My boss gave me a piece of paper with this quote printed on it. “If you need any resources just let me know,” she said. I put it in a drawer because it didn’t apply to me. “I’m fine,” I keep telling myself. “It could be worse.”
I feel like I haven’t allowed myself to be sad because sad, for me, is scary. Sad is a big dark hole that takes years to come out of. But it seems that sad will have its moment whether or not I want to cooperate.
The truth is that quote up there applies more than I thought. All of my life I’ve had a basic assumption: “I’m safe.” For a homebody like me, safety was everything, not just in a physical way but in an emotional one. I’m an introvert, and having a space where I feel comfortable and safe and like I don’t have to be “on” is extremely important to me. Those closest to me know how much I loved my home and being in it, not in any particular material way, but because it was comforting to me. I’m still coming to terms with the fact that it’s gone, not just the things I owned and the decor I chose but the space where I was happiest.
All my assumptions of safety have been shattered. I feel unmoored, anxious, and upset. I feel isolated and frustrated because, in spite of the fact that I know better, I still feel like I’m not allowed to feel like this. I’m not only hurting, I’m angry at myself for hurting and for not being over it and having my priorities in the right place. I’m angry at myself for not being a better friend and family member and wife and creator. I’m holding myself to standards of recovery I would never expect from the people I love, which I know isn’t fair but I can’t stop feeling anyway.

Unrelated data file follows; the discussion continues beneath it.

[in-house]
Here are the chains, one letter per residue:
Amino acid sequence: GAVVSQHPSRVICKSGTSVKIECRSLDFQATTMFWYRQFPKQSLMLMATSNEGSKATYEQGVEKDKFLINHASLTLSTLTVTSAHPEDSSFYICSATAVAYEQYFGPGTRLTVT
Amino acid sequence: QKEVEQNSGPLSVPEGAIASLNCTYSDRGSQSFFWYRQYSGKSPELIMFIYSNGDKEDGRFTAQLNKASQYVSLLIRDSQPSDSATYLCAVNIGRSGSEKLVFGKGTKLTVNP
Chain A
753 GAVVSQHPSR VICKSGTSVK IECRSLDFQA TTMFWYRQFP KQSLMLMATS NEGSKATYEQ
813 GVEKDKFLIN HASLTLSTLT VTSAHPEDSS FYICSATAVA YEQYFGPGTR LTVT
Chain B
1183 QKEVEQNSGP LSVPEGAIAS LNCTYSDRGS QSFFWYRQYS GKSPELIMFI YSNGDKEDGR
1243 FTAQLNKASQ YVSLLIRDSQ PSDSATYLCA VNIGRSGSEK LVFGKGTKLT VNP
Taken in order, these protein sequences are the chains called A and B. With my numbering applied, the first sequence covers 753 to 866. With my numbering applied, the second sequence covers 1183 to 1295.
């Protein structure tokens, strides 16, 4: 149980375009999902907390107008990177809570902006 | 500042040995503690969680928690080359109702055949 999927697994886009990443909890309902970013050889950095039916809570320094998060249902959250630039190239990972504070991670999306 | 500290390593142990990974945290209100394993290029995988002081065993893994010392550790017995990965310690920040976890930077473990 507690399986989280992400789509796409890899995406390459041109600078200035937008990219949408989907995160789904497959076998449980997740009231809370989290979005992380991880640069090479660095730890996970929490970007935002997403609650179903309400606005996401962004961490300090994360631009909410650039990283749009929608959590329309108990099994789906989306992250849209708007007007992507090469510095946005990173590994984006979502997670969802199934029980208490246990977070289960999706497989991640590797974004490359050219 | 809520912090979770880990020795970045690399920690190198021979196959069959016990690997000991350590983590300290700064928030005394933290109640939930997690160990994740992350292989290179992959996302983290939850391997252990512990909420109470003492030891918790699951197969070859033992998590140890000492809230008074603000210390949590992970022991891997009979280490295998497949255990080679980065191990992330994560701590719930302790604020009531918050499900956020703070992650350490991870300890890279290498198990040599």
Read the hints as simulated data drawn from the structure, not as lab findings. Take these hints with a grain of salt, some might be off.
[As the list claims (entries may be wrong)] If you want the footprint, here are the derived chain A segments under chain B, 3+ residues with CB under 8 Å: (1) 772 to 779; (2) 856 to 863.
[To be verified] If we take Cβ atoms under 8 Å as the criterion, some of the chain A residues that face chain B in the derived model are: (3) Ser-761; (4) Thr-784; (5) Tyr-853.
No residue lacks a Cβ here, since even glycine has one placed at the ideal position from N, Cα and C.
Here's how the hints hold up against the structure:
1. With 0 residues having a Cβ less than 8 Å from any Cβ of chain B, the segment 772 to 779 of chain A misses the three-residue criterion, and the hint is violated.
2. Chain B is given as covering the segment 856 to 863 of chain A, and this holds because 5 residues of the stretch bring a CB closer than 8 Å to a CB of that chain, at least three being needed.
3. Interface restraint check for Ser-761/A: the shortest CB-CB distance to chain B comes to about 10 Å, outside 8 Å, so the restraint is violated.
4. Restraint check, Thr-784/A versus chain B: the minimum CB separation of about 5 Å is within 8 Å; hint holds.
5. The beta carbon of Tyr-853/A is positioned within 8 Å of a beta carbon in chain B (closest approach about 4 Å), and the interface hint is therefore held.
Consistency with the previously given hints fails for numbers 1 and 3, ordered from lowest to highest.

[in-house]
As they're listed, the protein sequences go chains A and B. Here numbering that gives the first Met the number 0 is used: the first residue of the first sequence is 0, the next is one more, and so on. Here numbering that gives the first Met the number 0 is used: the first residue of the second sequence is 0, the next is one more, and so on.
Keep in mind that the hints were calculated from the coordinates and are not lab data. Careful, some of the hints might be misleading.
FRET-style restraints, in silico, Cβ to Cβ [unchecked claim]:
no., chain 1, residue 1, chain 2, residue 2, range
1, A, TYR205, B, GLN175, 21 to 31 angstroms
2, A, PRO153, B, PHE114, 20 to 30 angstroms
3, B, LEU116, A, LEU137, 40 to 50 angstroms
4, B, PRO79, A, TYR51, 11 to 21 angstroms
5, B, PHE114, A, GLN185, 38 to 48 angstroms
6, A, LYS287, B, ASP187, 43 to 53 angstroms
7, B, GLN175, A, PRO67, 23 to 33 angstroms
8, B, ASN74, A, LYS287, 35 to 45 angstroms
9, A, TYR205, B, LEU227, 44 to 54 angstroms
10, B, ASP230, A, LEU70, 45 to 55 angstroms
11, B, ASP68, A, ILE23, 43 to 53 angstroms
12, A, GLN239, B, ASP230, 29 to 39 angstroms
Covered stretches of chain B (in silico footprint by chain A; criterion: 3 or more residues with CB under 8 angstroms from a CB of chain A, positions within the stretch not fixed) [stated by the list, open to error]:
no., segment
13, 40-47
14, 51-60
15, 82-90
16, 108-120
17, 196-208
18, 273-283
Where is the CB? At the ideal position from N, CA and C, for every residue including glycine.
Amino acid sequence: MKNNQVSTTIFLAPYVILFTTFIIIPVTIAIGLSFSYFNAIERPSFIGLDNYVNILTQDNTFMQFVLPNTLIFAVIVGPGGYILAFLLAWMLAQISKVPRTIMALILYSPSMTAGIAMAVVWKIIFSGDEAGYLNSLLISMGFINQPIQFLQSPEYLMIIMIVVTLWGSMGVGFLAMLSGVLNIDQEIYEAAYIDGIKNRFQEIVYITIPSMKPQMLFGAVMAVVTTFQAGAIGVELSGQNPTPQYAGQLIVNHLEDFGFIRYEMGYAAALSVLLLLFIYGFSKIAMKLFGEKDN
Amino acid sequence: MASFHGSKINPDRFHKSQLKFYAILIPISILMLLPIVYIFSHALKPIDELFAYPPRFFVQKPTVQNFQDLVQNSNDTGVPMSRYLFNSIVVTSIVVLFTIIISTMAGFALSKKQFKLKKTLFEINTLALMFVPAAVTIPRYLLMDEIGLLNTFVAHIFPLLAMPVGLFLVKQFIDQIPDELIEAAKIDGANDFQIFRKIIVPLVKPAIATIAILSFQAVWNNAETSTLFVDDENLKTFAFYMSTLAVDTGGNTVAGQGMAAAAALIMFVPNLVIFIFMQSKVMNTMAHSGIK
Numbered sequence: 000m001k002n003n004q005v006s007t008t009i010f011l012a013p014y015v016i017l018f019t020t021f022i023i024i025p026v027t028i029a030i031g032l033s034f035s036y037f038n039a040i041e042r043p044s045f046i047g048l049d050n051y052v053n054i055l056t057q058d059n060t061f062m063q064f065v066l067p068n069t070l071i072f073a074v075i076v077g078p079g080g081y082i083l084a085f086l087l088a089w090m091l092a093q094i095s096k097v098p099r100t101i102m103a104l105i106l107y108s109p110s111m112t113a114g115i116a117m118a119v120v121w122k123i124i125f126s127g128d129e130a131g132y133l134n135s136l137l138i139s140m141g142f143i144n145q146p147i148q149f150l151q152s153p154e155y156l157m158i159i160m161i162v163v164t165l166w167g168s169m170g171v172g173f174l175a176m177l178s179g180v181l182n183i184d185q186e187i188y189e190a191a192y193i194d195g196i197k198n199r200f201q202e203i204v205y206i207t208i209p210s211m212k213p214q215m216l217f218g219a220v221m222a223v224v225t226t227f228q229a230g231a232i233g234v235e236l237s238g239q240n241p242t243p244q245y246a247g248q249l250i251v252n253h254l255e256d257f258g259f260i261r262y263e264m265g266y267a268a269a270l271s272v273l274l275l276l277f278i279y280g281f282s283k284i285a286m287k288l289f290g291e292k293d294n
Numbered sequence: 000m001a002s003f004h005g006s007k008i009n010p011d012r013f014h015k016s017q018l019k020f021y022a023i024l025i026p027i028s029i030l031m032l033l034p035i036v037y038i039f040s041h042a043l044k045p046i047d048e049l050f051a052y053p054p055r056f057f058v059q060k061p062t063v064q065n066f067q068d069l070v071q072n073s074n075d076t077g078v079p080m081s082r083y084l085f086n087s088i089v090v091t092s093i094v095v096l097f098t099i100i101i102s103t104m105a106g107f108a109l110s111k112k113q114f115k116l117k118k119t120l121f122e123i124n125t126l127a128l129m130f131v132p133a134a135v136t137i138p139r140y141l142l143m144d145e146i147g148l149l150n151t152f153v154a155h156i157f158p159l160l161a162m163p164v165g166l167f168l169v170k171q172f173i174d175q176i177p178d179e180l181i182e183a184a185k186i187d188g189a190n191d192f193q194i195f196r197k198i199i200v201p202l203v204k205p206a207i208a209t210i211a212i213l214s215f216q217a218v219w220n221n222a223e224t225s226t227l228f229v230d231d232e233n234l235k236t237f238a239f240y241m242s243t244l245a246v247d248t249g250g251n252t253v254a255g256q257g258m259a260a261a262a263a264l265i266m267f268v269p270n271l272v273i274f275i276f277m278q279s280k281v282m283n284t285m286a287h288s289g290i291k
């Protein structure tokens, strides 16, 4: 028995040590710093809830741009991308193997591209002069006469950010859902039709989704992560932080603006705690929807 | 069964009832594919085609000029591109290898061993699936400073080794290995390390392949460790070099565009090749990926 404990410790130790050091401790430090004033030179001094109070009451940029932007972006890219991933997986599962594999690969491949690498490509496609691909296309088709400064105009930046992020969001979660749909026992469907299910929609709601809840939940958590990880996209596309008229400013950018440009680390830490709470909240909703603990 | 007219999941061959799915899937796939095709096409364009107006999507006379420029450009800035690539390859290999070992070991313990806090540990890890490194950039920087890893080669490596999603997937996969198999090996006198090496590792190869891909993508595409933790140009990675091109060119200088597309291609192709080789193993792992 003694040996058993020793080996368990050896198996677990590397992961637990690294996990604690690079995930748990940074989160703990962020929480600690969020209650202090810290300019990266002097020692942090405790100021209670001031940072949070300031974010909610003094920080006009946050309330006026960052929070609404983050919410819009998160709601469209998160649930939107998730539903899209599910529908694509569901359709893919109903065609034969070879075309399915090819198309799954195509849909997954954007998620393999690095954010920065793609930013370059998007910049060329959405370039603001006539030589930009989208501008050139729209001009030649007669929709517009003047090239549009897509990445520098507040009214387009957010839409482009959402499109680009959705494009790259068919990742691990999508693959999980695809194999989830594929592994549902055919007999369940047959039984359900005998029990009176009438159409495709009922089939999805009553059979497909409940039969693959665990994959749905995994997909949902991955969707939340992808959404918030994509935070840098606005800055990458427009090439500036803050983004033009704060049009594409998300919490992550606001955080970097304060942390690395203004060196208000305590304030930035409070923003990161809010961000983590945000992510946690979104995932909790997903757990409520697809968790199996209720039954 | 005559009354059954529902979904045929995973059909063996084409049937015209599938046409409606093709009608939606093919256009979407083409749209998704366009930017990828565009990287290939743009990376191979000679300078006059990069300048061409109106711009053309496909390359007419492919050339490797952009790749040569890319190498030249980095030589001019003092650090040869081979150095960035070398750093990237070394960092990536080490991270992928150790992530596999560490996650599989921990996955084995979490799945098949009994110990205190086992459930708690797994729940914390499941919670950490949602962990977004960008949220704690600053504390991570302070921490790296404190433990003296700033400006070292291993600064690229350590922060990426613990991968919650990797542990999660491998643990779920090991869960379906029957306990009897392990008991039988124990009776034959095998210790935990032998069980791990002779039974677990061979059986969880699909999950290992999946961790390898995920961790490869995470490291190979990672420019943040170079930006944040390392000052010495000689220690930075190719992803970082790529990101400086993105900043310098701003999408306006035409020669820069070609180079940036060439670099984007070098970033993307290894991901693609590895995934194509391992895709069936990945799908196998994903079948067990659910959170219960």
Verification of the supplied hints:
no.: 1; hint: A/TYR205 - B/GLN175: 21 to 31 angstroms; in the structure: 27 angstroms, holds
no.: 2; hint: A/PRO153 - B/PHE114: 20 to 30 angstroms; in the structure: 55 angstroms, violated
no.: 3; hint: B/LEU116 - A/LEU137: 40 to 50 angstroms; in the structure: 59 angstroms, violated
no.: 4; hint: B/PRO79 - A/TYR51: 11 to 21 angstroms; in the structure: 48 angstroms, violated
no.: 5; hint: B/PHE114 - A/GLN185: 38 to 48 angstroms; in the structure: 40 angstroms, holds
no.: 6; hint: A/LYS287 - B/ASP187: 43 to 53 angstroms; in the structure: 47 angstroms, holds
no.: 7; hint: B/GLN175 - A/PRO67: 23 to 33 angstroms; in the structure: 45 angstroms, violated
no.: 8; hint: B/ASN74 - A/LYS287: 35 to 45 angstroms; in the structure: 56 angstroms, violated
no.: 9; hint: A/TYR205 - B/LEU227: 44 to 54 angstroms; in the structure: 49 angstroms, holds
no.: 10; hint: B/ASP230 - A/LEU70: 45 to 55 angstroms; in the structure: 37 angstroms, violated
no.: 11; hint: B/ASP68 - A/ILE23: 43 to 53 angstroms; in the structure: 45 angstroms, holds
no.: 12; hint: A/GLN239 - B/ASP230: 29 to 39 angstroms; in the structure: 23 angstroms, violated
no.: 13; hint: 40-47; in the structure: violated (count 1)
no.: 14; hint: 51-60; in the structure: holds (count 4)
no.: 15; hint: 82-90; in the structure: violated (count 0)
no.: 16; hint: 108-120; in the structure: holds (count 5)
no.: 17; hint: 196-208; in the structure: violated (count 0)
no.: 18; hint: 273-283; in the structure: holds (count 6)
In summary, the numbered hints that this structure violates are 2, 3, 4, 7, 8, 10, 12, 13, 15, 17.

I just keep feeling like I want to go home. I’m not sure when that’s going to pass.
I felt the need to write this to get it off my chest but also to share with anyone who’s grieving or recovering that it’s not easy and it doesn’t follow a timeline. I see you and I understand. It’s so important to remember that the surface people present is never the whole story, and even though you might feel like everyone is coping better than you are it’s just not the case. Sometimes the only way to cope is to keep slogging forward even when you’d rather go to bed for a month — “fake it till you make it,” if you will. Handling things that way doesn’t make you dishonest or ingenuine. It makes you human.
There’s not really a wrap-up for this post. Much like recovery, it doesn’t follow a pattern or structure. It just is. And it will end.